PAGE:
Recently, we published a paper with the title “Comparative analyses of glycerotoxin expression unveil a novel organization of the bloodworm venom system” and with this “behind-the-paper-style” blog I want to give some insights how we came to our conclusions. The paper was published by Richter et al. (2017) in BMC Evolutionary Biology and is open access.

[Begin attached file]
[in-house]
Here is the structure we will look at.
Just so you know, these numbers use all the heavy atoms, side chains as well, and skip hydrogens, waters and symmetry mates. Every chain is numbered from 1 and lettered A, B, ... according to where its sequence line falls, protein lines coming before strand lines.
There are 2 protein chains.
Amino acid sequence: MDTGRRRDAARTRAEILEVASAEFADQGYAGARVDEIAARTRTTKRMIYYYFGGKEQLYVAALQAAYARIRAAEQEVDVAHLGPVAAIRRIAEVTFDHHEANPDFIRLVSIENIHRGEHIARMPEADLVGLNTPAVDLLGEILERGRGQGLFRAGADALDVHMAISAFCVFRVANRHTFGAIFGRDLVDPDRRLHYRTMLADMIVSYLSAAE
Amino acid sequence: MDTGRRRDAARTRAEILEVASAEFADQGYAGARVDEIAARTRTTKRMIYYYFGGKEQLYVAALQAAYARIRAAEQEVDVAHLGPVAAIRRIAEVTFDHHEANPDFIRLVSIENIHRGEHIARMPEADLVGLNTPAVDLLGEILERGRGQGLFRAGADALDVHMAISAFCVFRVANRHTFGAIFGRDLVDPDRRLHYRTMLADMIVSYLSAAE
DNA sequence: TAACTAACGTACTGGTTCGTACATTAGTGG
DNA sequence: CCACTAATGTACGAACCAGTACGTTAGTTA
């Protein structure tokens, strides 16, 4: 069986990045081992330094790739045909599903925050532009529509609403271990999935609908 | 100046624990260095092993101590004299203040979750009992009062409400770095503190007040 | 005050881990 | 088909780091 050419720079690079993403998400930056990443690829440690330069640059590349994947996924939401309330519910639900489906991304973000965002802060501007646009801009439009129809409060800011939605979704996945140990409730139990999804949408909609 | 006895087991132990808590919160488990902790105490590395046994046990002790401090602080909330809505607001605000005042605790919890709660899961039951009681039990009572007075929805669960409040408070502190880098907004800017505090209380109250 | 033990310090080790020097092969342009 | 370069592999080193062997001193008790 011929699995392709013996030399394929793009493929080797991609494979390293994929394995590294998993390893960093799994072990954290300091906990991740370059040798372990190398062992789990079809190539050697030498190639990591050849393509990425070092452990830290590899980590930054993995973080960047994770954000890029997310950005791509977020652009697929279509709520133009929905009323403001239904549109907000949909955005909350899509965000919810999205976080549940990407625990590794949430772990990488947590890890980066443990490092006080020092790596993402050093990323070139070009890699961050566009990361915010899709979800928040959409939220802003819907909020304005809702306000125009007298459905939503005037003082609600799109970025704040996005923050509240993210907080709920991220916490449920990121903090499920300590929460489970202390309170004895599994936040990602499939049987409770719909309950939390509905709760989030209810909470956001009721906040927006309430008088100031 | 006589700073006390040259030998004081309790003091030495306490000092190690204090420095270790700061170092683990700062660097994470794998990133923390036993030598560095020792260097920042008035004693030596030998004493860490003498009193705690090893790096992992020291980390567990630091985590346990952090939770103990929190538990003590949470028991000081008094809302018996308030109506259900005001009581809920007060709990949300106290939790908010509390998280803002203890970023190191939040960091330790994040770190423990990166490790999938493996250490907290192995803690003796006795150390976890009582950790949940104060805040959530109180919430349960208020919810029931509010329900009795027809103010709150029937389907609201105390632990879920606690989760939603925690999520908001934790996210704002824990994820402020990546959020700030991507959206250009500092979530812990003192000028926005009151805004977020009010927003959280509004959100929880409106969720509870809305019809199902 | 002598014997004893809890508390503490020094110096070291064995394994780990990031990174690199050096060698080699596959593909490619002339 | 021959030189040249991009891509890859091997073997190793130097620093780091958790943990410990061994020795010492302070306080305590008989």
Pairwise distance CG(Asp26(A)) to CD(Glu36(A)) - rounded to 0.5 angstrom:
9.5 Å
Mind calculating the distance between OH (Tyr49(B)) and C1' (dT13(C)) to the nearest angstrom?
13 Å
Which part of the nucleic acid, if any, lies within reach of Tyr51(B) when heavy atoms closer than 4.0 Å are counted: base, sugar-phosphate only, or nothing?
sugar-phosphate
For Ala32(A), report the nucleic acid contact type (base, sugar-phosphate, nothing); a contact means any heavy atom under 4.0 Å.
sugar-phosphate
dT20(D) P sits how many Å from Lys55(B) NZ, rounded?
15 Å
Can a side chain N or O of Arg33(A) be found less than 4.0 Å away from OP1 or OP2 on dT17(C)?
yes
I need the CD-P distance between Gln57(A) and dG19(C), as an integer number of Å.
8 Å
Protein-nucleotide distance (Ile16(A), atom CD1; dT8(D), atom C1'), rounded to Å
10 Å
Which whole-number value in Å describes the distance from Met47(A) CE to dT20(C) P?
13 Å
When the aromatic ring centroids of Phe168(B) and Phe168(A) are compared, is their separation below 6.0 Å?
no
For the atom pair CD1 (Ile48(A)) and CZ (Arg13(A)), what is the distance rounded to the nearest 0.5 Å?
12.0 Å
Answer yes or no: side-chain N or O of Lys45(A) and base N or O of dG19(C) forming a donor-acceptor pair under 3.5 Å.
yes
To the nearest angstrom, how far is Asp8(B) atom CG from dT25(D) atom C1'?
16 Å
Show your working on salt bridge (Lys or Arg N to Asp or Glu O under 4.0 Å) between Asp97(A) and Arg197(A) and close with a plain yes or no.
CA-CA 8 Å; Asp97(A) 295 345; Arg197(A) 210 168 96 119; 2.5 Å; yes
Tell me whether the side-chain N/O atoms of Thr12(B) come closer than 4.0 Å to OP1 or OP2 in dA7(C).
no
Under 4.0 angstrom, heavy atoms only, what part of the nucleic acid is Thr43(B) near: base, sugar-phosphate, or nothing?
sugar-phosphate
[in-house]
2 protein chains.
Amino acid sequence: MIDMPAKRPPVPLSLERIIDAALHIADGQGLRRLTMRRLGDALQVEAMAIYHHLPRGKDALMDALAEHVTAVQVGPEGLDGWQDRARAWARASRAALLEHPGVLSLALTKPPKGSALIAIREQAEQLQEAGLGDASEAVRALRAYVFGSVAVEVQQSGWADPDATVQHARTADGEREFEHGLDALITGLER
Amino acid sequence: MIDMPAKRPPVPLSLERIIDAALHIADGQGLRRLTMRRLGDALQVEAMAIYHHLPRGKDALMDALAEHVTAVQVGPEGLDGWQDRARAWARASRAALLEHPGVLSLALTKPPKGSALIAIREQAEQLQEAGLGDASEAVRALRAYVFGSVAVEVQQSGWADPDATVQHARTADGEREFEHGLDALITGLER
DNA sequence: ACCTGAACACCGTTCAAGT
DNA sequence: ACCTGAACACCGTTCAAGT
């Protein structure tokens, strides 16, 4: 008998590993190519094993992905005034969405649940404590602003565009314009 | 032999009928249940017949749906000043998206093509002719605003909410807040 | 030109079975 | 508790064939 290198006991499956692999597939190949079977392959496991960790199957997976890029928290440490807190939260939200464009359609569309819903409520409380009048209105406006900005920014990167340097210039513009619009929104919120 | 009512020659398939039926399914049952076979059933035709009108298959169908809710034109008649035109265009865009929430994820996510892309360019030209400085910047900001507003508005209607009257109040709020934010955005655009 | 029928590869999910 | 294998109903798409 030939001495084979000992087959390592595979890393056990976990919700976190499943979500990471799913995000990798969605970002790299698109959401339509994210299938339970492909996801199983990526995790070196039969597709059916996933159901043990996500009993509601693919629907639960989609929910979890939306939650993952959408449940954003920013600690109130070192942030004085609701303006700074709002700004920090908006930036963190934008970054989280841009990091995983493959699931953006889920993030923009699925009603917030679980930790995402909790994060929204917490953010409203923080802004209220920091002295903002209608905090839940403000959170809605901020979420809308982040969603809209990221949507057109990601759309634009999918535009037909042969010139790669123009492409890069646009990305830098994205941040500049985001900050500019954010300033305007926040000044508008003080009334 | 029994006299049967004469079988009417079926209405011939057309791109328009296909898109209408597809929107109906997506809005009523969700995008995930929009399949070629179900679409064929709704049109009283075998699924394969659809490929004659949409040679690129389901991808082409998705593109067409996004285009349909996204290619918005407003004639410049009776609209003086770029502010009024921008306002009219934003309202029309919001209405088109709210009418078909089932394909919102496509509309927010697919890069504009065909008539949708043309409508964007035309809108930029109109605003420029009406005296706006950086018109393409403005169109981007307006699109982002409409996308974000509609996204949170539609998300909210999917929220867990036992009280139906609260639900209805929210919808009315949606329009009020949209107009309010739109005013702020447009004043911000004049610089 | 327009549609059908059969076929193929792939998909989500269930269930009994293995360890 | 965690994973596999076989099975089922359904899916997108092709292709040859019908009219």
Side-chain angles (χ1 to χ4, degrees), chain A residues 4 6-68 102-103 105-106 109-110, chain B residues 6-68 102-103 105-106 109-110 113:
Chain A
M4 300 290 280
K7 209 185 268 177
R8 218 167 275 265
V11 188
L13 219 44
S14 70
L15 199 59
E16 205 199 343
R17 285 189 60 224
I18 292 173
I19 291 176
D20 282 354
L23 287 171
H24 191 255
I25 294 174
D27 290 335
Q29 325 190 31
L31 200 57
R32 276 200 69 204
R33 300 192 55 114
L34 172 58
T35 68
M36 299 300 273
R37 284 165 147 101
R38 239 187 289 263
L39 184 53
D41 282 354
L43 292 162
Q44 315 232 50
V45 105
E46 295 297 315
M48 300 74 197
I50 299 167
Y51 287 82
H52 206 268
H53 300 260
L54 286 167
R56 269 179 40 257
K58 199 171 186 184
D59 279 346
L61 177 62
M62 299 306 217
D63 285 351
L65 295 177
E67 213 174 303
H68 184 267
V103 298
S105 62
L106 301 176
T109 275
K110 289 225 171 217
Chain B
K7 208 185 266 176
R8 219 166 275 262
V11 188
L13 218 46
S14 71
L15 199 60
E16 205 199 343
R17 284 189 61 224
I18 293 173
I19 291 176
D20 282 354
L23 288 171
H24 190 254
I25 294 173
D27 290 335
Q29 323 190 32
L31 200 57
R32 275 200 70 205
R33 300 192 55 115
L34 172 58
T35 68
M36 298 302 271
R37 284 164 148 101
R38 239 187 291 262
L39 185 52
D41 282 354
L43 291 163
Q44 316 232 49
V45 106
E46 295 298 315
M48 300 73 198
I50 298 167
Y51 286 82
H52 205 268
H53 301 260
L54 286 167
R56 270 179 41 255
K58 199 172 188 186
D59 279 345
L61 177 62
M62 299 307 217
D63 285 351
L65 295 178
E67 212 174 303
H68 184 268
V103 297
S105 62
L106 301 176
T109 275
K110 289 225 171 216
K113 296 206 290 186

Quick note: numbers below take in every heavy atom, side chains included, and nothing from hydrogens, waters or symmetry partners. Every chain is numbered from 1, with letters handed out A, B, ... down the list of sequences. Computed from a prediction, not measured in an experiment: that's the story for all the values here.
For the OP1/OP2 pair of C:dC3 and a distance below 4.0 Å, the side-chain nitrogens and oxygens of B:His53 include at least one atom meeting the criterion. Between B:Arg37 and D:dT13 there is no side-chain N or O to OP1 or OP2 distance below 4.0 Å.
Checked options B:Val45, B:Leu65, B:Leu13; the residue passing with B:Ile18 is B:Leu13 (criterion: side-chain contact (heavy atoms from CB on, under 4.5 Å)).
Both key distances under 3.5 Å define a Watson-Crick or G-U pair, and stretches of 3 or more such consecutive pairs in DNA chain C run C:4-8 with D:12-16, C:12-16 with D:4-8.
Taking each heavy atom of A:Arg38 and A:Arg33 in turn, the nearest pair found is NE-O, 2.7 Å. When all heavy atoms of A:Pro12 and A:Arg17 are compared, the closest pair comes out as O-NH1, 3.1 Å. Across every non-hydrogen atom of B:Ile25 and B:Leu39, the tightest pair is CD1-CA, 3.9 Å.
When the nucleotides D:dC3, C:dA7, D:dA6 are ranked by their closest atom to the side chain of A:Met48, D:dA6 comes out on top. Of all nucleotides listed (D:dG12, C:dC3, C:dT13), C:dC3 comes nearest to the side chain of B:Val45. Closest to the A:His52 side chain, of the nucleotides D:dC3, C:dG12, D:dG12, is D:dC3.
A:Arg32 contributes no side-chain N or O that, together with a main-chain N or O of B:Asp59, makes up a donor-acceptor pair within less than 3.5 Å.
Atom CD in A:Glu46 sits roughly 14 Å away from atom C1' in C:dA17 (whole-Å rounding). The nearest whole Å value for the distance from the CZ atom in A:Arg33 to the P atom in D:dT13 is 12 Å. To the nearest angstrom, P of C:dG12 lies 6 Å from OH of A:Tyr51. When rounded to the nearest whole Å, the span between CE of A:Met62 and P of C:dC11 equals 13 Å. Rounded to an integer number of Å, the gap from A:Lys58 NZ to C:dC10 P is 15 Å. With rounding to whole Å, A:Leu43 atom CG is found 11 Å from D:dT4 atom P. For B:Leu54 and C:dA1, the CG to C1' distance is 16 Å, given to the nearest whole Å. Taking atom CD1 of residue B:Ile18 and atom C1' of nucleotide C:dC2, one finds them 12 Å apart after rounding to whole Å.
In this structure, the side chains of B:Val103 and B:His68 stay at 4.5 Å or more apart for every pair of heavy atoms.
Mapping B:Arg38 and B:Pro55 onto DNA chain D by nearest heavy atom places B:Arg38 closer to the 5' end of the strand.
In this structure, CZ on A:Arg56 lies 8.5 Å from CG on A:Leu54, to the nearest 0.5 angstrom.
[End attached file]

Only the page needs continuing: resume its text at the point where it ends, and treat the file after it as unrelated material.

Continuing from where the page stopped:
Venoms and venom systems evolved many times independently across the animal tree of life. That spiders or snakes can be venomous is well-known. Also, the venom of the iconic cone-snails has been investigated in detail. However, venomous annelids have been (mostly) neglected so far. There are around 20,000 annelid species, but only few of them have been convincingly shown to be venomous. E.g., fireworms (Amphinomidae) can burn like hell if you touch them, which is due to an inflammation-inducing substance called complanine. However, this is passively delivered when their chaetae break and therefore these animals should be regarded as poisonous (which still make them an interesting target for studying the content and evolution of their toxins). In contrast, venomous are those animals which actively deliver their toxin cocktail,. e.g., for predation, defense or competition. Only glycerids and leeches are convincingly demonstrated to represent venomous annelids (von Reumont et al. 2014). For several other annelids (e.g., chrysopetalids, polynoids or sigalionids) it has been speculated that they might be venomous, however, our own dissections could not reveal convincing evidence of venom glands or an apparatus to deliver the venom in several investigated taxa. Nevertheless, different groups of scale-worms (e.g., Pisione spp., Pholoe spp.) remain good candidates to include venomous species, but desperately need to be studied in detail. And I also would not be surprised if more examples from other annelid taxa will be discovered in the future. Continue reading The venom system of bloodworms